The Future of Personalized Chatbots in Education: An AI Scenario PlayQuest
In this post, I engage in an AI Scenario PlayQuest, where I envision using an AI tool in a future learning event and play out the scenario (i.e. personalized chatbots). This activity can reveal some exciting prospects for the future of learning in the age of generative AI and also identify future questions and challenges that we need to address.
In one of my DIY documentaries (Class of 2032: Schooling for a Digital Culture), I explored the future of education, which focused a lot on social media and how students engage with informal learning via platforms like YouTube. I captured this clip in 2016 to demonstrate some behaviors I observed with my eldest son during his early years of interacting with online information.
Reflecting on this clip and our relationships with virtual assistants like Alexa, Cortana, and Siri, I don’t anticipate longevity in interacting with platforms like ChatGPT via a keyboard and screen. Throw in the personalized experience we enjoy when we engage Google or visit our social media feed, and it is understandable why much of the discussion about the future of AI centers on virtual assistants, similar to Javis in Iron Man (including discussions about virtual assistants in education).
Chatbots in Education
In a recent episode on the Fueling Creativity in Education podcast, Dr. James Diamond spoke about personalized chatbots in education, and this led to a conversation about the appropriate age for young children to interact with personalized chatbots. If we’re honest, we don’t know, and it’s impossible to answer that question, but I suspect many will.
Sticking with the general concept of personalized chatbots for a little longer, consider concerns about social media filter bubbles; imagine how this situation might play out if most of our information comes exclusively from an AI assistant potentially influenced by paid advertisers or folks that have “cracked” the code.
From another perspective, personalized chatbots in education (come personalized learning assistants) will likely learn to fill in the blanks and offer critique to work before a student hits submit; if they know the objectives of an assignment, they might challenge the student when they fall short or encourage them to integrate more diversity into a creative story for example.
These chatbots will assume different personalities, with options to select gender, humor, and language. And thinking about language, what new learning experiences exist once we have a tool almost identical to Star Trek’s Universal Translator – after all, part of the progress with Large Language Models has come through language translation efforts.
We might never have to worry about speaking or writing in a single language again. Consider the voices and perspectives now heard and more readily available to our classroom environments.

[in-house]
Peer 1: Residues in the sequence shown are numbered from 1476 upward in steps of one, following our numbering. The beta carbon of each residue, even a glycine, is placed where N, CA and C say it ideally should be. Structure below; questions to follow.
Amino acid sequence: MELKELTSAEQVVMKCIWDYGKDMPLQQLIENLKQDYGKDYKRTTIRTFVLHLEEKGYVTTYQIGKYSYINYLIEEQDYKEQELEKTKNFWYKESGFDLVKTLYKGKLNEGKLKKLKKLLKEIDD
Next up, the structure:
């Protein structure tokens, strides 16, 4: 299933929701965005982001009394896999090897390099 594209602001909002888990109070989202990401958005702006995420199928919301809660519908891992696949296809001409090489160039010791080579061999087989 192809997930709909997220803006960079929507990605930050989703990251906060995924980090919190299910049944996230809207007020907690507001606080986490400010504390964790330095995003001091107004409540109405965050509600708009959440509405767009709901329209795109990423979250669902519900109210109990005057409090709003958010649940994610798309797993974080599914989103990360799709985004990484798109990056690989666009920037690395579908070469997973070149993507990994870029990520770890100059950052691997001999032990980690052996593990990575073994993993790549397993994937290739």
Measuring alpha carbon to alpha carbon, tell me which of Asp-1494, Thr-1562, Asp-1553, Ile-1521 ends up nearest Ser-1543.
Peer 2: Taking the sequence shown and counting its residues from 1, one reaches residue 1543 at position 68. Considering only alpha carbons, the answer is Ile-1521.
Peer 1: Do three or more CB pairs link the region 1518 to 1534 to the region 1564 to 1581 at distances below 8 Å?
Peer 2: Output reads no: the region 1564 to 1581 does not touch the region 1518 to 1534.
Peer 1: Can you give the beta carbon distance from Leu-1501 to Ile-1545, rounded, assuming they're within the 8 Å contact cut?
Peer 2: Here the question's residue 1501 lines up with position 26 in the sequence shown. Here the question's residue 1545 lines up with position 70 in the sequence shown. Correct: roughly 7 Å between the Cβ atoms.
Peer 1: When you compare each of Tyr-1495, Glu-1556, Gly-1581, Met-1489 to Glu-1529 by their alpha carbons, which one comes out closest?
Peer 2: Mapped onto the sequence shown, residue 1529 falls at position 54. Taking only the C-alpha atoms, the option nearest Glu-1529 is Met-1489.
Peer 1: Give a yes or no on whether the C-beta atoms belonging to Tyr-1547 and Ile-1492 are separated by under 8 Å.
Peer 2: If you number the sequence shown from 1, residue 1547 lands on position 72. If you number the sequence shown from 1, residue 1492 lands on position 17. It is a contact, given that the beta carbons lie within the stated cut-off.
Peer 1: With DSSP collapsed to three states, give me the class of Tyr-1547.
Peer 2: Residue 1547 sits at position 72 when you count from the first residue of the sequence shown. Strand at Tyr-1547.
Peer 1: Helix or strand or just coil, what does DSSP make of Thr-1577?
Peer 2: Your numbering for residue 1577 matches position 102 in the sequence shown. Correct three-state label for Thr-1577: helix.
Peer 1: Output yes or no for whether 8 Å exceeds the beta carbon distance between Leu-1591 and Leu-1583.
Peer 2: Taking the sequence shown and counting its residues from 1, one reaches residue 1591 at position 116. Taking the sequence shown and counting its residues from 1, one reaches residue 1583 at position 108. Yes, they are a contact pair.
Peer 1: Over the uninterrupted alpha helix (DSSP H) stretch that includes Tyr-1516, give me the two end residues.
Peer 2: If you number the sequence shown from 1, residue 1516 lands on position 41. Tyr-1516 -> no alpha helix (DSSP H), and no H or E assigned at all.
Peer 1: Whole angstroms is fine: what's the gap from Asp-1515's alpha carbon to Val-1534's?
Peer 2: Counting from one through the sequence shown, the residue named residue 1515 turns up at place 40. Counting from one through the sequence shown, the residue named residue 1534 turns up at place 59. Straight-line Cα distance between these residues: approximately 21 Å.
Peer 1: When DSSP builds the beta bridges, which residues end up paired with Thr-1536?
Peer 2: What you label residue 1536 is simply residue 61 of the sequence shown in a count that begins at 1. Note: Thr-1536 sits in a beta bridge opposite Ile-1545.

Regulating AI in Education
Reducing barriers to learning provides an obvious segway into the digital divide and quickly into achievement gaps. Still, because this situation is much more complex, I’ll save it for another AI Scenario Playquest!
So, to conclude on personalized chatbots in education, I anticipate the “chatbot wars” coming in a way similar to the early “browser wars.” I suspect that certain technology giants will produce the main personalized chatbots that either continue to access our data to supplement costs or require money to update regularly. How much personal data we share with these platforms will hopefully be a choice of everyday users – but I doubt it. And for those who have signed up to Bard, you might have already signed up to share your data anyhow.
Without access to personal data, I expect a cost – perhaps connected to updates – but we won’t have to worry too much about personalized advertising if we pay for these tools (though this might require some regulation). These generalized chatbots will have customization features (though perhaps at a cost), and I fear they will compete with more learning-based chatbots in a way that TikTok competes for student attention outside of school.
However, moving away from the products I foresee most likely produced by the big technology giants, I am excited about the prospect of smaller independent chatbots that are more specific to students and formal learning environments. These will address data concerns and issues with AI ethics. They will likely be set at age-appropriate levels and perhaps train students to interact with these tools before they engage with the more popular social media-driven chatbots I explored above.
Imagine a teacher who can customize personalized chatbots from their desk for each student. Consider the protected data these chatbots might offer the teacher and how they can enhance immediate and ongoing feedback. They could also address parents’ questions about how their child is doing on a current math topic. We can think about the interactions students might have with these chatbots that go beyond changing voices and personalities; perhaps it is an avatar on a screen, a hologram, or a robot. And how might these chatbots continue with the child as they progress through the grades (wow, this is fun)? Might they learn enough about the child’s talents and interests to propose a higher education degree (oh no, might that lead to advertising??!!! Yikes)?
This type of chatbot excites me regarding learning and my focus on supporting student and teacher creativity in the classroom. And, this chatbot is a tool, much like past tools, designed to enhance student learning and in the control and direction of a super smart and passionate educator. I say that again; this personalized learning tutor is a tool in the control of a responsible adult!
So I now invite you – the reader – to engage in your own AI Scenario Quest about the future of Personalized Chatbots in education.
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